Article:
Who can apply for coronavirus financial assistance in Switzerland?

Switzerland has made billions of francs available for those hit hard by the economic impacts of the coronavirus. Here's everything you need to know about who can apply.

Who can apply for coronavirus financial assistance in Switzerland?

What economic measures has Switzerland taken to soften the impacts of the coronavirus? 

On Friday, March 20th, Switzerland announced two major economic measures to tackle the fallout from the coronavirus. A total of CHF42 billion has been set aside to fund the measures

These are targeted at helping the self-employed by allowing them to access the existing employment benefit scheme, as well as small to medium-sized Swiss businesses through a loan scheme. 

The goal of the measures is to ensure that the economy functions at a minimum of 80 percent during the crisis. 

Although the announcement represents the largest financial bailout in Swiss history, it has been criticised for not going far enough to help those impacted by the virus. 

Allowing self-employed people to access unemployment benefits

The first was to extend the current unemployment benefit scheme to the self-employed, of which there are an estimated 330,000 in Switzerland. 

Pursuant to these rules, the unemployed will receive 80 percent of their previous salary up to a maximum of CHF196 daily. 

Unemployed people who have children also receive an additional supplement. 

Loans for small to medium sized businesses

The second component of the coronavirus stimulus package is making loans available to businesses in order to prevent bankruptcy. 

Although these loans are administered by Swiss banks, they are guaranteed by the government.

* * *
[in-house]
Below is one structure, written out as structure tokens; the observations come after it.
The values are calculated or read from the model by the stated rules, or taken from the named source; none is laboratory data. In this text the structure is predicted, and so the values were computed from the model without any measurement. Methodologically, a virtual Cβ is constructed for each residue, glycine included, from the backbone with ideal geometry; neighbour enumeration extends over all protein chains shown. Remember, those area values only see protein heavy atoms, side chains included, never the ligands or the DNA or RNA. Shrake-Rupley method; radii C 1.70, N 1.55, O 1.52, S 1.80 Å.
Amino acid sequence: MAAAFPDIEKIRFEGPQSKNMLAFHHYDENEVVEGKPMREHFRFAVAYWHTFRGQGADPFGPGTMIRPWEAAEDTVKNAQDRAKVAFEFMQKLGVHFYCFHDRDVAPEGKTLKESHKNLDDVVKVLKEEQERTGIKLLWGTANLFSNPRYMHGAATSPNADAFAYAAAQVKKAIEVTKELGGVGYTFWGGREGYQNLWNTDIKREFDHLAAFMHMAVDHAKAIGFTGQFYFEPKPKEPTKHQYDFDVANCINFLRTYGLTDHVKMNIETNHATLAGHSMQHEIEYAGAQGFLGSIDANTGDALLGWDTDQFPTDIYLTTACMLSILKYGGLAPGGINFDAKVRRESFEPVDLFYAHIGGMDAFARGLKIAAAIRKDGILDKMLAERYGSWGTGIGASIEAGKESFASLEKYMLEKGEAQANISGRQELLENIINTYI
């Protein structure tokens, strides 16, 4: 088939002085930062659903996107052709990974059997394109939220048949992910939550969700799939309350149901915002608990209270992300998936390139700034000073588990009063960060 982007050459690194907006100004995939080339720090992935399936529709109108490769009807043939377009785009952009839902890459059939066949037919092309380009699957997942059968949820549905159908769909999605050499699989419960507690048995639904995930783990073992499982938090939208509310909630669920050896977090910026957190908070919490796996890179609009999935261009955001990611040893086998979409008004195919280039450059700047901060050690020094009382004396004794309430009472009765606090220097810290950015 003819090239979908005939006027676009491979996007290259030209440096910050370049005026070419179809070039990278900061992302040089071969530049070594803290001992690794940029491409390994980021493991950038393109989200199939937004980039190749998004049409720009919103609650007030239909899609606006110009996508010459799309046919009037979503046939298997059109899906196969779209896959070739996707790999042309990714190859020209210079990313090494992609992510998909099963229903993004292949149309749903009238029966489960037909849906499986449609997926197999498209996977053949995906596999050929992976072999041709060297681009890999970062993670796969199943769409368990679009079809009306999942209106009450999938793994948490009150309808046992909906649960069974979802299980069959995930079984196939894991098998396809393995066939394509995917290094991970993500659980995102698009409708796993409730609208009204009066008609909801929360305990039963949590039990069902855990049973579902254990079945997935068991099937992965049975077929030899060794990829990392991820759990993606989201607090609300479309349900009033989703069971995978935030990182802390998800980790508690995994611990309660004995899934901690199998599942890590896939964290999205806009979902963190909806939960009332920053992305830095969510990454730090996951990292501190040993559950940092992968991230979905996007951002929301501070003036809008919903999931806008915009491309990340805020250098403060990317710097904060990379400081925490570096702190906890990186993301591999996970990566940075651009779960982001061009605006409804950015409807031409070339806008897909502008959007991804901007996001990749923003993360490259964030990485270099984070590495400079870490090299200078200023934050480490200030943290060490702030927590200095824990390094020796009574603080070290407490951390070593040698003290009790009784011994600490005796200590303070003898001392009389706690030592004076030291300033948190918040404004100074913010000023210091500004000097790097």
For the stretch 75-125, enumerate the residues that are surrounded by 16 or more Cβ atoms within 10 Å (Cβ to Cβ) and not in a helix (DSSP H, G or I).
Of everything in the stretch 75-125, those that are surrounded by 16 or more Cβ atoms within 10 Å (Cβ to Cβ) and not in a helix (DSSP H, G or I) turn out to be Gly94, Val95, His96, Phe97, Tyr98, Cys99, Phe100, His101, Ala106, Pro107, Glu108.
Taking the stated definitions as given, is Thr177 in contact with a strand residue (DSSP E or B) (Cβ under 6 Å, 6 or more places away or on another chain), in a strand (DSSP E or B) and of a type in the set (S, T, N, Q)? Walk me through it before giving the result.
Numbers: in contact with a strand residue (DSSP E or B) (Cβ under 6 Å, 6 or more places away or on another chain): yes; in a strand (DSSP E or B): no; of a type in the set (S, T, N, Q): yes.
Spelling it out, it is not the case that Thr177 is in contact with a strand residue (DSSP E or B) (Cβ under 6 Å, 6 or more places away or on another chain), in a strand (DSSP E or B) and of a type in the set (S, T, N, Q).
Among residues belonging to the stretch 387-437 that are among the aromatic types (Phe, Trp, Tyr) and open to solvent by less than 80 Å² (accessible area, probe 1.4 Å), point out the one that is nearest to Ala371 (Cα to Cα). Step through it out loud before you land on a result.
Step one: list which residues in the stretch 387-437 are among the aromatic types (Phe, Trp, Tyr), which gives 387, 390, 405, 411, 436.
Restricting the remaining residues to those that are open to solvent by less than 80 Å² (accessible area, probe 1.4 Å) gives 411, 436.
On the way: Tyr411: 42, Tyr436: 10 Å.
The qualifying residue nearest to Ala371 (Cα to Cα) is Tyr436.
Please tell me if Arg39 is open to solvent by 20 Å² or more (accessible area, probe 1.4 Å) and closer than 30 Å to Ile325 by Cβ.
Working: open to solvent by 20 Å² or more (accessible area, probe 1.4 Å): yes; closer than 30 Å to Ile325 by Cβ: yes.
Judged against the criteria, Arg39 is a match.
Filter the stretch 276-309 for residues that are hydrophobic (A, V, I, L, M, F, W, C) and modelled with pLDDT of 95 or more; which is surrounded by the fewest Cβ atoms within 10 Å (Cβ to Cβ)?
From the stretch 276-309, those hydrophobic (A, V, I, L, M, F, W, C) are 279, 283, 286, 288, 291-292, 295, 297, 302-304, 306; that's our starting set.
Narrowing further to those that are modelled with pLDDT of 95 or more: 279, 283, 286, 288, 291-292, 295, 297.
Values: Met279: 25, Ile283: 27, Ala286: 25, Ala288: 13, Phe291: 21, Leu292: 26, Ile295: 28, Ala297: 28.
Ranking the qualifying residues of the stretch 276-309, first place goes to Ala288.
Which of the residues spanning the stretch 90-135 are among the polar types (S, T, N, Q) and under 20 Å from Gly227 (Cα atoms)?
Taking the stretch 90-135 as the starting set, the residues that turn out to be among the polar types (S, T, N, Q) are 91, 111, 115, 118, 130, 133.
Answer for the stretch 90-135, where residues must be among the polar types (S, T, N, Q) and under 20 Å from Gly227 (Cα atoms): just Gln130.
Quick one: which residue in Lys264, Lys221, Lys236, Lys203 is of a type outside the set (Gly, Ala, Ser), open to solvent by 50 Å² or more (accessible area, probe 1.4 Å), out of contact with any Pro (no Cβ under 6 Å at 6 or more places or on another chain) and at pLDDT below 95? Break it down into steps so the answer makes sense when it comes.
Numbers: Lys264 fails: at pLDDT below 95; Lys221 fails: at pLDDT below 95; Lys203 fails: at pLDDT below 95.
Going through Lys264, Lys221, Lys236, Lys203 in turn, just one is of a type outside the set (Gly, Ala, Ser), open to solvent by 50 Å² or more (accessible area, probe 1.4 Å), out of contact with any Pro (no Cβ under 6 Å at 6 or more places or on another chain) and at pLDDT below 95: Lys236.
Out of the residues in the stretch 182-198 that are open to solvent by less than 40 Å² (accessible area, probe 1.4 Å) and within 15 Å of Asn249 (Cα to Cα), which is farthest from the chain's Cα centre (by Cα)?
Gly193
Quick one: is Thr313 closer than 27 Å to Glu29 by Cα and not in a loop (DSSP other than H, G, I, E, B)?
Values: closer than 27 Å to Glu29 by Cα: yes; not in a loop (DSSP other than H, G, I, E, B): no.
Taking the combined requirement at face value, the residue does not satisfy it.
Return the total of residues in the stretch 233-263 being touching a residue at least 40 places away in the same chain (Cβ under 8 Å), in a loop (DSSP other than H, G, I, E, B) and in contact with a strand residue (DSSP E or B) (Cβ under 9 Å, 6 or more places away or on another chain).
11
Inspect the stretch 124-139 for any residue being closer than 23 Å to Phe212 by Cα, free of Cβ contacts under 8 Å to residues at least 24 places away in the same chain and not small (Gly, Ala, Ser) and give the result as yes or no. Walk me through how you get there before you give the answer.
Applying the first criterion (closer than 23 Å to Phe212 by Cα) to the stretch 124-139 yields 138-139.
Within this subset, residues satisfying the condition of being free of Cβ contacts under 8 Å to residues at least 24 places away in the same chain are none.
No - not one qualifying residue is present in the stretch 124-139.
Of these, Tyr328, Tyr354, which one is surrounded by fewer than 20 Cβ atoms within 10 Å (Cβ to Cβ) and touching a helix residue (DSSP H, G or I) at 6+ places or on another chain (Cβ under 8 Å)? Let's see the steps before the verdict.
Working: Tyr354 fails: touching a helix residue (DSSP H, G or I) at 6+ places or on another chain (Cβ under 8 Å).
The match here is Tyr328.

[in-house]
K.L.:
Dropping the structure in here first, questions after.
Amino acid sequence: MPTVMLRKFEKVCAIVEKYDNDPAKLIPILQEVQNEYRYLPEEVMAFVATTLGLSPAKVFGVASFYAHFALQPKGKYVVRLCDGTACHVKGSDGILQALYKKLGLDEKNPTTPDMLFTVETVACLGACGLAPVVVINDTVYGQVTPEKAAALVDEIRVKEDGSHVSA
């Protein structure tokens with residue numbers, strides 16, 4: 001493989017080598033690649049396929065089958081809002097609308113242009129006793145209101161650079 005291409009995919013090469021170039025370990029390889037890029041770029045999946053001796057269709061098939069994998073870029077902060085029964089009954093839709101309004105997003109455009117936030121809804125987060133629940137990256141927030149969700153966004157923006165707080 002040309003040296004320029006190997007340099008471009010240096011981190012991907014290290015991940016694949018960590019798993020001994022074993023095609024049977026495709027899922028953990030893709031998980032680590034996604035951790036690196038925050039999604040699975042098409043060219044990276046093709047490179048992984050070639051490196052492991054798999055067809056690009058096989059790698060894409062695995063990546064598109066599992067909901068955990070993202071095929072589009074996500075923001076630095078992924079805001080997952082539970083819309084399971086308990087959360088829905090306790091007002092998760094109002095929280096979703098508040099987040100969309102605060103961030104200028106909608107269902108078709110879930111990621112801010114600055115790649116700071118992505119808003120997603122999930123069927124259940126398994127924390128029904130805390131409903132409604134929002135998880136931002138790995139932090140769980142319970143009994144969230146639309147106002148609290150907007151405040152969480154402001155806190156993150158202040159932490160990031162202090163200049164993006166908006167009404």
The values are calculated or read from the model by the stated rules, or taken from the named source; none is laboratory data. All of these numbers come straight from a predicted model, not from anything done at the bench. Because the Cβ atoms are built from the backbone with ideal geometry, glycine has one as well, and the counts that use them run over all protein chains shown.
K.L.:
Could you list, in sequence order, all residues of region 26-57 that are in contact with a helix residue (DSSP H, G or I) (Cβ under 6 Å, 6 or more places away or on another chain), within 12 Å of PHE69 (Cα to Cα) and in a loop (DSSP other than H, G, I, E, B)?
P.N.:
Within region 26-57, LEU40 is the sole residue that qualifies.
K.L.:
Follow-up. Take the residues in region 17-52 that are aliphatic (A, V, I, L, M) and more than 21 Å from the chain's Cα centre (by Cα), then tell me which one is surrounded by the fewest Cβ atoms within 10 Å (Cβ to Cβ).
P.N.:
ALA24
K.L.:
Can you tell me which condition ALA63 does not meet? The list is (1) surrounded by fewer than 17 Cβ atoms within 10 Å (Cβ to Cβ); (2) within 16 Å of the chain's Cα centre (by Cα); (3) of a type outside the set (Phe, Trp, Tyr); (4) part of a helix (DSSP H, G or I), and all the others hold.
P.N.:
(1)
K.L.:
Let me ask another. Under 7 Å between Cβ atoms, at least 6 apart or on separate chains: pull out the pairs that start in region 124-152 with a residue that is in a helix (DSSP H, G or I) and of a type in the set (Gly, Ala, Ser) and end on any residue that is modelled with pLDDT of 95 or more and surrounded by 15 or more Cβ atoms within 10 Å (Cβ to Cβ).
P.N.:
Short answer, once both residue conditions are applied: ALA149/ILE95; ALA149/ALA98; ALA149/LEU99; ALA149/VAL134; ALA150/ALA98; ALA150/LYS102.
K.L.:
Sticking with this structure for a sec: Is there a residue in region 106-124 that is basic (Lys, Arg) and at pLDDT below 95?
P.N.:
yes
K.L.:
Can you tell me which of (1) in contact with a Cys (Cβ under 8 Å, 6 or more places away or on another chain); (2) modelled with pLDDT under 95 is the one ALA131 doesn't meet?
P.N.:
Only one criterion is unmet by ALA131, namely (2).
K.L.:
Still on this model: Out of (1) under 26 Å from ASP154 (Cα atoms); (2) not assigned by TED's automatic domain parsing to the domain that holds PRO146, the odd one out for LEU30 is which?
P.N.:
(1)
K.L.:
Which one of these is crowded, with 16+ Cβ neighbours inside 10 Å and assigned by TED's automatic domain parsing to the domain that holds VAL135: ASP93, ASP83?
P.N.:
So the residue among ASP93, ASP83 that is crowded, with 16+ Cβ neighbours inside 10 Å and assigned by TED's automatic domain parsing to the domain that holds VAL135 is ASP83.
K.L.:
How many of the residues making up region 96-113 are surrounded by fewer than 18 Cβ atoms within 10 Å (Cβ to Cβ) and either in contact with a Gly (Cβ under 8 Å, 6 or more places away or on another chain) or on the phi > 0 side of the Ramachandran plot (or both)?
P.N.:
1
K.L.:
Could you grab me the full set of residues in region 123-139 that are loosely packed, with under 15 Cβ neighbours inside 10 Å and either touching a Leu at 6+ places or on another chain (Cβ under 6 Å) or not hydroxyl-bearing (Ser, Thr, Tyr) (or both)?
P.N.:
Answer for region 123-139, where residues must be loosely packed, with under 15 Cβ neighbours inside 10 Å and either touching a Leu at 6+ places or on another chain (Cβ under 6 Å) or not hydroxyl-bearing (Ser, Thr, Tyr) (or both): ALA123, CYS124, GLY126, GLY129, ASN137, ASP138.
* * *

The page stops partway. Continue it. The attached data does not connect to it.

Loans of less than CHF500,000 will be completely underwritten by the government; loans of over CHF500,000 will be 85 percent guaranteed by the government. 

Photo by Claudio Schwarz | @purzlbaum on Unsplash

Companies can borrow up to 10 percent of their annual income to a maximum of CHF20 million. 

After initially saying that the interest rates for these loans will be “very low”, on March 25th the rate was set at 0.5 percent

The amount of money made available for loans is CHF20 billion but the government indicated on March 30th that more could be made available if necessary. 

The loans are only available to small to medium sized companies. Larger companies are expected to have the resources to get themselves through the crisis themselves. 

Who else can apply for assistance? 

Money has been made available for loans for the tourism sector amounting to CHF350 million in total. 

For sports clubs and organisations, CHF100 million has been made available as aid payments. 

In the Swiss cultural sector – which is defined as including performing arts, design, film, visual art, literature, music and museums – CHF280 in emergency aid has been made available.

More information is available here.

Who misses out?

The measures are not exhaustive and there are some who miss out. As reported by Swiss daily Watson, the assistance only applies to those who are no longer able to work due to the coronavirus. 

There are many who have taken significant financial hits as a result of the coronavirus but are still able to work and therefore are not eligible for assistance. 

There are several professions in Switzerland such as taxi drivers, physiotherapists, podiatrists, gardeners, graphic designers and dentists who are still allowed to work but have seen sharp declines in income. 

What are the options for anyone who has missed out?

Those in the above category still have options available to them, however these are comparatively limited. 

They may apply for a loan from their bank, which will be restricted to 10 percent of their turnover in the last financial year. 

They can also apply for an extension of the deadline for rent payments. 

There are also a range of potential options at the cantonal level. 

What support are the cantons providing?